McAuliffe criticized online after saying he doesn't believe parents should tell schools what to teach

Polls currently show a tight race between the two candidates

Per Fox News:

Terry McAuliffe and Glenn Youngkin sparred during the second and final debate of Virginia’s governor’s race on Tuesday, but it was one comment on schools by McAuliffe, the Democratic candidate, that drew the ire of conservatives. 

"I don’t think parents should be telling schools what they should teach," McAuliffe, who previously served as governor of Virginia from 2014 to 2018, said during the debate in Alexandria, Virginia.

McAuliffe made the remarks in response to Youngkin, the Republican candidate, who argued that parents should be more involved in the decisions of local school districts. Conservative social media responded. 

"Parents are in control of their kids. Not @TerryMcAuliffe. Never," one user wrote on Twitter. 

"Make sure every parent in Virginia hears this before they vote," tweeted former Trump adviser Stephen Miller.

"Terry McAuliffe is pro-choice unless the decision belongs to the parents of a school-aged kid," replied Autumn Johnson.

"Terry McAuliffe tonight in a debate.......I don't think parents should have a say in what is taught in schools...... This is exactly why he should never hold a position of power ever again," another user wrote. 

"Oh no? Who should decide what kids get taught @TerryMcAuliffe? You?" another replied. 

At the debate, Youngkin agreed that local school districts should make those decisions, but he demanded they include parents in the dialogue and "concepts of safety and privacy" in the discussion. 

"What we've seen over the course of this last 20 months is our school systems refusing to engage with parents. In fact in Fairfax County this past week, we watched parents so upset because there was such sexually explicit material in the library they had never seen, it was shocking," Youngkin said. "And in fact, you vetoed the bill that would have informed parents that they were there. You believe school systems should tell children what to do. I believe parents should be in charge of their kids' education."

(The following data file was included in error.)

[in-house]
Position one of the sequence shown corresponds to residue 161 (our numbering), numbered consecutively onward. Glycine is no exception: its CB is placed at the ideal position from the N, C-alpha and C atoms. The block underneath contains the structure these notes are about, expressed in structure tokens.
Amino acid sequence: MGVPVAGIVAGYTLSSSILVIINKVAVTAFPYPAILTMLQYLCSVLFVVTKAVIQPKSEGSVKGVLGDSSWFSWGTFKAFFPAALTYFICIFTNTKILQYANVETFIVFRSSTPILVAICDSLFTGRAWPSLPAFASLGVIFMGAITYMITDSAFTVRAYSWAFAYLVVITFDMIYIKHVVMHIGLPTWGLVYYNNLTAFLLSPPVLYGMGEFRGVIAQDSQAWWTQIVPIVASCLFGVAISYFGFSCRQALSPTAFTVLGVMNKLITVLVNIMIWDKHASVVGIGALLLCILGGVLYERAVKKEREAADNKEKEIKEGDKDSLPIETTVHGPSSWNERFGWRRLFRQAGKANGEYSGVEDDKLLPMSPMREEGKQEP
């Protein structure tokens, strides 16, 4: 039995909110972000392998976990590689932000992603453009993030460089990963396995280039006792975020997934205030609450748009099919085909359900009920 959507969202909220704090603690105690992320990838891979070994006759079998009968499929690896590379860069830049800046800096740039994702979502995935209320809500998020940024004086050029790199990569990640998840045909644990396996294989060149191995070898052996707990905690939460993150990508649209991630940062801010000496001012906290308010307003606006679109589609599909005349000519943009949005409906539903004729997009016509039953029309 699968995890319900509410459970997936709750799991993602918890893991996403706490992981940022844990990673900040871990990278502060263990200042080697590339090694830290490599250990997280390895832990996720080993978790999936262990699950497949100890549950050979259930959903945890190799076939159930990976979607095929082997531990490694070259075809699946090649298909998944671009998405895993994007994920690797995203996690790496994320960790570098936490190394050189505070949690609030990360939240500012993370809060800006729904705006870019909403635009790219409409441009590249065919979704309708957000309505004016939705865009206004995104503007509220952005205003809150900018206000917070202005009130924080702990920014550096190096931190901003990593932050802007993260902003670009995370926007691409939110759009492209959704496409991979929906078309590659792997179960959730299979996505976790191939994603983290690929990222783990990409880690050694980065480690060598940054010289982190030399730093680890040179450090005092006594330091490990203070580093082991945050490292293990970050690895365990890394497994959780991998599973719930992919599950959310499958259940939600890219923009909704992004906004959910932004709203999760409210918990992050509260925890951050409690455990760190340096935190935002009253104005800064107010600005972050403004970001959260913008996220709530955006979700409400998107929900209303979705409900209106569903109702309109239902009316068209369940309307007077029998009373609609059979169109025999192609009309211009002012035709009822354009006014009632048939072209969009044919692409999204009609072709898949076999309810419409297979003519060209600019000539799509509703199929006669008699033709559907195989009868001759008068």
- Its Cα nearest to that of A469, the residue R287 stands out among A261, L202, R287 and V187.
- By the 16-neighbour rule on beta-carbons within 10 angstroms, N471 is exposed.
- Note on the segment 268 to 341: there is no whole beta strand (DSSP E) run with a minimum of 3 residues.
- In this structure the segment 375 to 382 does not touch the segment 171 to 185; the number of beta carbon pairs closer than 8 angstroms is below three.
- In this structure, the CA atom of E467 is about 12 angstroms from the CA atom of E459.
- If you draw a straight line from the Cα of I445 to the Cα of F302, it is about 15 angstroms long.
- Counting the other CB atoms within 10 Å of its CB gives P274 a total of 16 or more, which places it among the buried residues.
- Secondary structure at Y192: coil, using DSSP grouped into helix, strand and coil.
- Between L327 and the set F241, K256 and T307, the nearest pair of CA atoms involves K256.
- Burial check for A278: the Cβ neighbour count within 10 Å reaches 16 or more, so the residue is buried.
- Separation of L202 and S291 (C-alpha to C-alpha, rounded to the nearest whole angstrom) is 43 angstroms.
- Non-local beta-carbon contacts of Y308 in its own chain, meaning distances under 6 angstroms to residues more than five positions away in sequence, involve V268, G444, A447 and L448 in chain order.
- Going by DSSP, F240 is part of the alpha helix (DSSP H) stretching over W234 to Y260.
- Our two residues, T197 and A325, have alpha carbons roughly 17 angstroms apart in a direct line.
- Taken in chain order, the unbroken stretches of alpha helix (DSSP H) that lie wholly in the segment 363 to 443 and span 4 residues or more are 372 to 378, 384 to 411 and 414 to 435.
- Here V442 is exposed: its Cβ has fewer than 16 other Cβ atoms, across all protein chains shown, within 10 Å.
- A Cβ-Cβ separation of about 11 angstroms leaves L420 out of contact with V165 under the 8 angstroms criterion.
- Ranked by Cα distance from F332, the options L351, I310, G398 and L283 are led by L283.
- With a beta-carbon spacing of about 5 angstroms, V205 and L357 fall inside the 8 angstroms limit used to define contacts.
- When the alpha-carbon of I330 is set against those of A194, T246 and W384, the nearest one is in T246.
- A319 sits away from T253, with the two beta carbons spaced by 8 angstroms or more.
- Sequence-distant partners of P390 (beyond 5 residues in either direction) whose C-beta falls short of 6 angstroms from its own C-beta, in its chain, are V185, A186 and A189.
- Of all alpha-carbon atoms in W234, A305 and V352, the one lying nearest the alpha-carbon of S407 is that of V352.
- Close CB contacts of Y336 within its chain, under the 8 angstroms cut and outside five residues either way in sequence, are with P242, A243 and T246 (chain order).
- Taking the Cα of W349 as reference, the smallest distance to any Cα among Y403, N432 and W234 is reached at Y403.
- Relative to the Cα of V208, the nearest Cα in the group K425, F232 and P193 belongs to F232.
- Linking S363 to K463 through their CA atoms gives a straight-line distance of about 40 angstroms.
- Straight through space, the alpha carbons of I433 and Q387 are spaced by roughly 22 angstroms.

McAuliffe noted that parents "had the right to veto books" under a bill he vetoed. "I'm not going to let parents come into schools, and actually take books out, and make their own decision," he said.

Tuesday's debate between the two candidates was the last before the state's Nov. 2 election

Polls show a tight race between the two candidates, with the RealClearPolitics Average showing McAuliffe leading Youngkin by just under three points.

After the debate, McAuliffe called Youngkin a "dangerous Trump wannabe" and stated the "stakes in this race couldn't be higher."

"Tonight made it clear, the stakes in this race couldn't be higher. Folks, we're up against a dangerous Trump wannabe who will set us back BIG TIME," McAuliffe tweeted. "We're building the largest grassroots movement in VA history to defeat him."

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